Response to Covid-19 during the school year 2020-2021
In Norway, schools opened in mid-August 2020.
The Norwegian Institute of Public Health (NIPH) created in May a national ‘traffic light' model for all educational institutions in Norway. This is a guide for what infection control measures are to be followed under the pandemic.
A ‘green' level means everyday school hours can run as normal, according to the guide to the system outlined by the Norwegian Directorate for Education and Training. If control measures are at ‘yellow', the school must take measures to reduce physical contact and have more focus on hygiene. At the ‘red' level, the school must minimize the number of students in a classroom and make individual decisions on the start and end of school days. School staff are responsible for physical distance being held throughout the school day.
The traffic light model was set to ‘yellow' on June 2nd, with schools and daycare planning for the autumn on that basis.
Both teachers and administration are responsible for finding alternative learning methods for students who suffer from chronic health conditions. Some schools have made the choice to designate one teacher fully to online studies so these students can learn safely from home.
Cleaning personnel have been asked to give extra focus on all surface areas, while toilets and sinks are cleaned multiple times throughout the school day.
Teachers will take extra initiatives to ensure a clean learning environment and set aside time for hand washing. Students will also have extra responsibility -- they must wipe down their desks or tables before coming and going.
Response to Covid-19 during the school year 2019-2020
Norway was among the first countries in Europe to open up nursery schools on 20 April 2020, followed by schools for the youngest pupils, between ages six and 10, the following week.
During the lockdown
Schools in Norway have good infrastructure conditions for doing online school work at home compared to many other countries. Both society in general and the school are well advanced when it comes to using digital tools and the infrastructure is generally good, although the variation between schools and school owners is still great. Digital resources have also become more integrated in teaching and homework. For many students, the work methods they have now will be known even if the volume increases and they lose the school arena.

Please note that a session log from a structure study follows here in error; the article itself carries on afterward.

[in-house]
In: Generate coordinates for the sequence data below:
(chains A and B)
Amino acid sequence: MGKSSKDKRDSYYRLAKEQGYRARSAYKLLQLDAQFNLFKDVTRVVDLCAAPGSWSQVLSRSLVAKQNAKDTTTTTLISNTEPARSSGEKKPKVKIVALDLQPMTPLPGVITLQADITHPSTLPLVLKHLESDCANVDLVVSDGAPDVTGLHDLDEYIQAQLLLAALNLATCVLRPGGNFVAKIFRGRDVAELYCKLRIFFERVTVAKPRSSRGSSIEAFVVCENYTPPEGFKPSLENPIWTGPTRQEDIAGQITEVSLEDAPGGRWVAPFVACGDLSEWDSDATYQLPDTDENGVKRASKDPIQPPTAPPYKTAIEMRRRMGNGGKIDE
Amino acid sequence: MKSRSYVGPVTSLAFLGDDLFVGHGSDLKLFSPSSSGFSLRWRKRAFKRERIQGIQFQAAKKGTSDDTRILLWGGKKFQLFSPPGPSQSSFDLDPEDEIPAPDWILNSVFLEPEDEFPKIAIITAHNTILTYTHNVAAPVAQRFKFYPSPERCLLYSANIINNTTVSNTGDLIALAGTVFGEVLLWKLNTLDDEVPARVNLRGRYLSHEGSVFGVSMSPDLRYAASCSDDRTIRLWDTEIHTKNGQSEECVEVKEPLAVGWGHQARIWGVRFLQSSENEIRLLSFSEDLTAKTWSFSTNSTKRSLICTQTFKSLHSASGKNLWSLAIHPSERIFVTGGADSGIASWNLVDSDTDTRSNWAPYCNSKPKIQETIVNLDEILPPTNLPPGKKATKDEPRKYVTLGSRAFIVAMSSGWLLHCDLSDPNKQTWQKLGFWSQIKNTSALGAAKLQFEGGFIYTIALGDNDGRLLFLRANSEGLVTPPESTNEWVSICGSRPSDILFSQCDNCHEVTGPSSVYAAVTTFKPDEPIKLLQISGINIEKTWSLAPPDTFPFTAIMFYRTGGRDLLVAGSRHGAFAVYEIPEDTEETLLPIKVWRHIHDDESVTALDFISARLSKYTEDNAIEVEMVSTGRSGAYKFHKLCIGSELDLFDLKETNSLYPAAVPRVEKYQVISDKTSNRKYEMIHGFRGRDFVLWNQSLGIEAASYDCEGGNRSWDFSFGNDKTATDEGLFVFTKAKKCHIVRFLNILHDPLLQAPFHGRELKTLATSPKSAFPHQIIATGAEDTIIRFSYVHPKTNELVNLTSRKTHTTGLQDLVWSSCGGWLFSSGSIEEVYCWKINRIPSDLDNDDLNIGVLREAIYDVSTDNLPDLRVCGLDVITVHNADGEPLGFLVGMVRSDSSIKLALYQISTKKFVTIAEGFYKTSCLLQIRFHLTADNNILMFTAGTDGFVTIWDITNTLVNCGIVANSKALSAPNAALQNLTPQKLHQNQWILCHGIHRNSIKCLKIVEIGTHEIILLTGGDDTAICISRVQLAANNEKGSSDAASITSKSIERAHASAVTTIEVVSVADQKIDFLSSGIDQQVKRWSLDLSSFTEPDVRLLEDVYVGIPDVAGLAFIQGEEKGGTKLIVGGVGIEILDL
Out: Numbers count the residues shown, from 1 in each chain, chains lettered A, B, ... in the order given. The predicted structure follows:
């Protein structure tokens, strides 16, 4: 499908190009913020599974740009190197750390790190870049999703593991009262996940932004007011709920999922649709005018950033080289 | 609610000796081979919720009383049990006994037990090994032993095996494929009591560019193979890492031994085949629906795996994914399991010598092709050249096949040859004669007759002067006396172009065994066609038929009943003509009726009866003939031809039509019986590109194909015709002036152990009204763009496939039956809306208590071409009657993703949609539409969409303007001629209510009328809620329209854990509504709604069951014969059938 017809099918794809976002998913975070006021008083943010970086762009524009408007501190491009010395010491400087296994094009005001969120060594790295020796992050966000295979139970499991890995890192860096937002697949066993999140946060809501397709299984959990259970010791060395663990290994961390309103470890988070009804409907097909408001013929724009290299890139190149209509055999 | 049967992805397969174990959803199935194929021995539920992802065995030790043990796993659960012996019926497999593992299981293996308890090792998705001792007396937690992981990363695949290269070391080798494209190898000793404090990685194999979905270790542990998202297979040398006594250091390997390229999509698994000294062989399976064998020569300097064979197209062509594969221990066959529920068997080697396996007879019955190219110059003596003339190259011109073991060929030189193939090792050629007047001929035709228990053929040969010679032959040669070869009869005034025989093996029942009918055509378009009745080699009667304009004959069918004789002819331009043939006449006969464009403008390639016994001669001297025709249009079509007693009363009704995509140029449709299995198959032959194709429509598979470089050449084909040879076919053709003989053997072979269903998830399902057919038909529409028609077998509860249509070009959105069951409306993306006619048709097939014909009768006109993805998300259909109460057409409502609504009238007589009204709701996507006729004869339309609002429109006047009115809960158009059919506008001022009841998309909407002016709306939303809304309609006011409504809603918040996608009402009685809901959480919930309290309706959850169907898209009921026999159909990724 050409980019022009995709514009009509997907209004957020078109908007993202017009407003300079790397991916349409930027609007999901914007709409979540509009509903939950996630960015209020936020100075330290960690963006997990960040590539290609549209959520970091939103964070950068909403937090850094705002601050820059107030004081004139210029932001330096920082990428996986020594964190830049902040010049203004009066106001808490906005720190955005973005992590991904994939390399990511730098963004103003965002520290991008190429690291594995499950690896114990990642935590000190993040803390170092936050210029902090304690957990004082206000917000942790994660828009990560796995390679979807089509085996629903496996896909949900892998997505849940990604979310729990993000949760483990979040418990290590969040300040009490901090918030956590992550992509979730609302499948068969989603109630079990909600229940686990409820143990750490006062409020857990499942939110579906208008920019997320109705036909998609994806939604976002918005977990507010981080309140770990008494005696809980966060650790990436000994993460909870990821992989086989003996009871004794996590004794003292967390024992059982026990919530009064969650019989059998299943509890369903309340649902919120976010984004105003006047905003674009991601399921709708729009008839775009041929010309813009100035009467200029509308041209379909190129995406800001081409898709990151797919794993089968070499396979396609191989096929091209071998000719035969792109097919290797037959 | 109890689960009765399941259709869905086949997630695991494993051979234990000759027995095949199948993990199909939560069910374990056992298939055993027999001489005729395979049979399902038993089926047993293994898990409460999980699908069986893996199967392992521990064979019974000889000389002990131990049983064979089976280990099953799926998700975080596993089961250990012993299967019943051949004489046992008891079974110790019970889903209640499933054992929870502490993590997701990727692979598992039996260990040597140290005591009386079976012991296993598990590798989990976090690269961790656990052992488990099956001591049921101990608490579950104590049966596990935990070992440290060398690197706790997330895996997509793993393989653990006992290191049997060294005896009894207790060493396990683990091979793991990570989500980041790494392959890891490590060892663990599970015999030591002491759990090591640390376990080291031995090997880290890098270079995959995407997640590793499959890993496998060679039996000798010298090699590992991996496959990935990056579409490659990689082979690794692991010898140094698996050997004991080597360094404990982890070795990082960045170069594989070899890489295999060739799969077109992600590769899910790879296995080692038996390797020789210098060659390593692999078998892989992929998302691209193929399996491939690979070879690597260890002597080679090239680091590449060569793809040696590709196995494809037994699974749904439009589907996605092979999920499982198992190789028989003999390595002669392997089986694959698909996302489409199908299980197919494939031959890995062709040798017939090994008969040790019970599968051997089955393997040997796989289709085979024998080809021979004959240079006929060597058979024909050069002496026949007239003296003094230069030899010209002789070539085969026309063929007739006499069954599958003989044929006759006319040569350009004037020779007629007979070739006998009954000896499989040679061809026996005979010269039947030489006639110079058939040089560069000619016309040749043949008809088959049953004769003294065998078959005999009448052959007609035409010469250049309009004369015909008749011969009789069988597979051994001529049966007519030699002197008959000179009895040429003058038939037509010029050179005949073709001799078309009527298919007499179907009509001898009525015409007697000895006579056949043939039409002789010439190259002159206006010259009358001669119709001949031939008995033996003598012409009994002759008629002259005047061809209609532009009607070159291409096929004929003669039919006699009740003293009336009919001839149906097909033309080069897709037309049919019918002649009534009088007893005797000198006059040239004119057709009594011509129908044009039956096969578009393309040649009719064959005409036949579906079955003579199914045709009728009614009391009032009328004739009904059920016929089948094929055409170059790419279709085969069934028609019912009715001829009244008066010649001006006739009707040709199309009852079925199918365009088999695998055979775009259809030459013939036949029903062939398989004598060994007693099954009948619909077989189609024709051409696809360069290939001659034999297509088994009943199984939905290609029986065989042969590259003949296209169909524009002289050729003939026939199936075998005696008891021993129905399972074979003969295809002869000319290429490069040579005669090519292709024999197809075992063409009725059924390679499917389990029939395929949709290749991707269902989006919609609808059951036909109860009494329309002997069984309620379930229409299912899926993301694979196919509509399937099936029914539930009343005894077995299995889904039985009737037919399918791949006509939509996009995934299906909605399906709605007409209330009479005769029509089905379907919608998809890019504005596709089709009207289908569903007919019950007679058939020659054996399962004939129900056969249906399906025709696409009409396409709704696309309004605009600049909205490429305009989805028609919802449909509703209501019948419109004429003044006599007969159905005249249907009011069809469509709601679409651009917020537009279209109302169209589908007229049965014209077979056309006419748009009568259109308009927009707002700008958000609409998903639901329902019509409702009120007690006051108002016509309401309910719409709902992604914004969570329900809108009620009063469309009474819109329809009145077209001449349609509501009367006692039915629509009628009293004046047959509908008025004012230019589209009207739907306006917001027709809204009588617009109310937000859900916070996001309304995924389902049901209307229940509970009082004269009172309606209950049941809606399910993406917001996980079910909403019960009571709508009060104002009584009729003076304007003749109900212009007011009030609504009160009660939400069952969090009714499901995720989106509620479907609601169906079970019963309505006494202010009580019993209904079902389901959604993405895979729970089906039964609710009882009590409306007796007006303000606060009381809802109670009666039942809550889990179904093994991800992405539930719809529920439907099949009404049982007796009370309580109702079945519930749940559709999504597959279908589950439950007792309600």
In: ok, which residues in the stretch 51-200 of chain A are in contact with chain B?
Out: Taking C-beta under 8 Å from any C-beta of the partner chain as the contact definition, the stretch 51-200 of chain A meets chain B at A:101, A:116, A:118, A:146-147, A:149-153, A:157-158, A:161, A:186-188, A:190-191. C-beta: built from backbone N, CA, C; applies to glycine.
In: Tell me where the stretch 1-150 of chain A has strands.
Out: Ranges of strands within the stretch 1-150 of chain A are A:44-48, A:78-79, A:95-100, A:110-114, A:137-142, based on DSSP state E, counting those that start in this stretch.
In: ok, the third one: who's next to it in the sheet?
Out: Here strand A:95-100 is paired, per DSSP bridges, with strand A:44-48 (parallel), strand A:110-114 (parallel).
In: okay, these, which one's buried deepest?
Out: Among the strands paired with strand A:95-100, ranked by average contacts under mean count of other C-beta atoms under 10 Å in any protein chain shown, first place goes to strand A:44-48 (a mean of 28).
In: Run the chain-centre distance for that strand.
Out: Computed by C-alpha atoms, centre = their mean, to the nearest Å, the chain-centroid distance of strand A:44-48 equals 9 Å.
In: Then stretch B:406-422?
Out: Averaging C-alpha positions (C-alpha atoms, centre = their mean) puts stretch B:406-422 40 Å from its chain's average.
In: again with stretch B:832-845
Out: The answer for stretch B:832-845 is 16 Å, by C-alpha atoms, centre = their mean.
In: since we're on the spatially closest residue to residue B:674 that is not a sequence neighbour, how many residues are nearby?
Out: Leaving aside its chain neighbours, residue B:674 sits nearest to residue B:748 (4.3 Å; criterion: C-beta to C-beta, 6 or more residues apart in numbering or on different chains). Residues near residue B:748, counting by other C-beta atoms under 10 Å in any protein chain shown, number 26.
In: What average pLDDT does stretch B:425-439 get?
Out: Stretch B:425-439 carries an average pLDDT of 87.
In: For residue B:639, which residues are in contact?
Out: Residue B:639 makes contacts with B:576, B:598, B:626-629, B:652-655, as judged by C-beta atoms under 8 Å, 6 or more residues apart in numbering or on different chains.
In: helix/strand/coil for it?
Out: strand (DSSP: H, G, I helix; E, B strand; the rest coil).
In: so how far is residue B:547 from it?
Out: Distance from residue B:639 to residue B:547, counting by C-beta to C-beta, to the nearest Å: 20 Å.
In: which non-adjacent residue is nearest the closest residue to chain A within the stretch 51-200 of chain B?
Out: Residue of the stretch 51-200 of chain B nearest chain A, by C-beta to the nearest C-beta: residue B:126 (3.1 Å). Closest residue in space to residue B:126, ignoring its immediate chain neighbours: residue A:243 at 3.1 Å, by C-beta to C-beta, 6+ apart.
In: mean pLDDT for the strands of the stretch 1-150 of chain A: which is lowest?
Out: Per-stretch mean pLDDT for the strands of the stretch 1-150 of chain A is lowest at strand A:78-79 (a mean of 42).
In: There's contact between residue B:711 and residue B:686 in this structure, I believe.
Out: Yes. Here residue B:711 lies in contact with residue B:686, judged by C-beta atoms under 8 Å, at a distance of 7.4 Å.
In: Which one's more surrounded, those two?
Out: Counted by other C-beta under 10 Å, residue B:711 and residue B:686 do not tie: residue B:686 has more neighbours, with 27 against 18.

Norway can now take advantage of what we have FEIDE. Feide – joint electronic identity – is the preferred solution for secure identification in the education sector, chosen by the Norwegian Ministry of Education and Research. With Feide, students and staff have access to a wide variety of digital content and recourses (from publishers and ed-tech) using just one username and password. Feide is available to all schools in the Norwegian primary and secondary education. All end users must be affiliated. Most schools are well prepared and digitally advanced with a few exceptions that face challenges to adjust quickly in distant learning.
There are a lot of collaboration initiatives among schools and teachers across the country. All publishers and ed-tech companies (for example Kahoot) opened up and give out premium licenses for free. Teachers and ed-tech collaborate and they have made an overview of all digital learning resources:
Two national broadcasters have a special programme for schools every morning.
We are in the middle of an experiment with distance education and home school. We have already started surveys and will conduct surveys with school owners, principals, teachers, and pupils.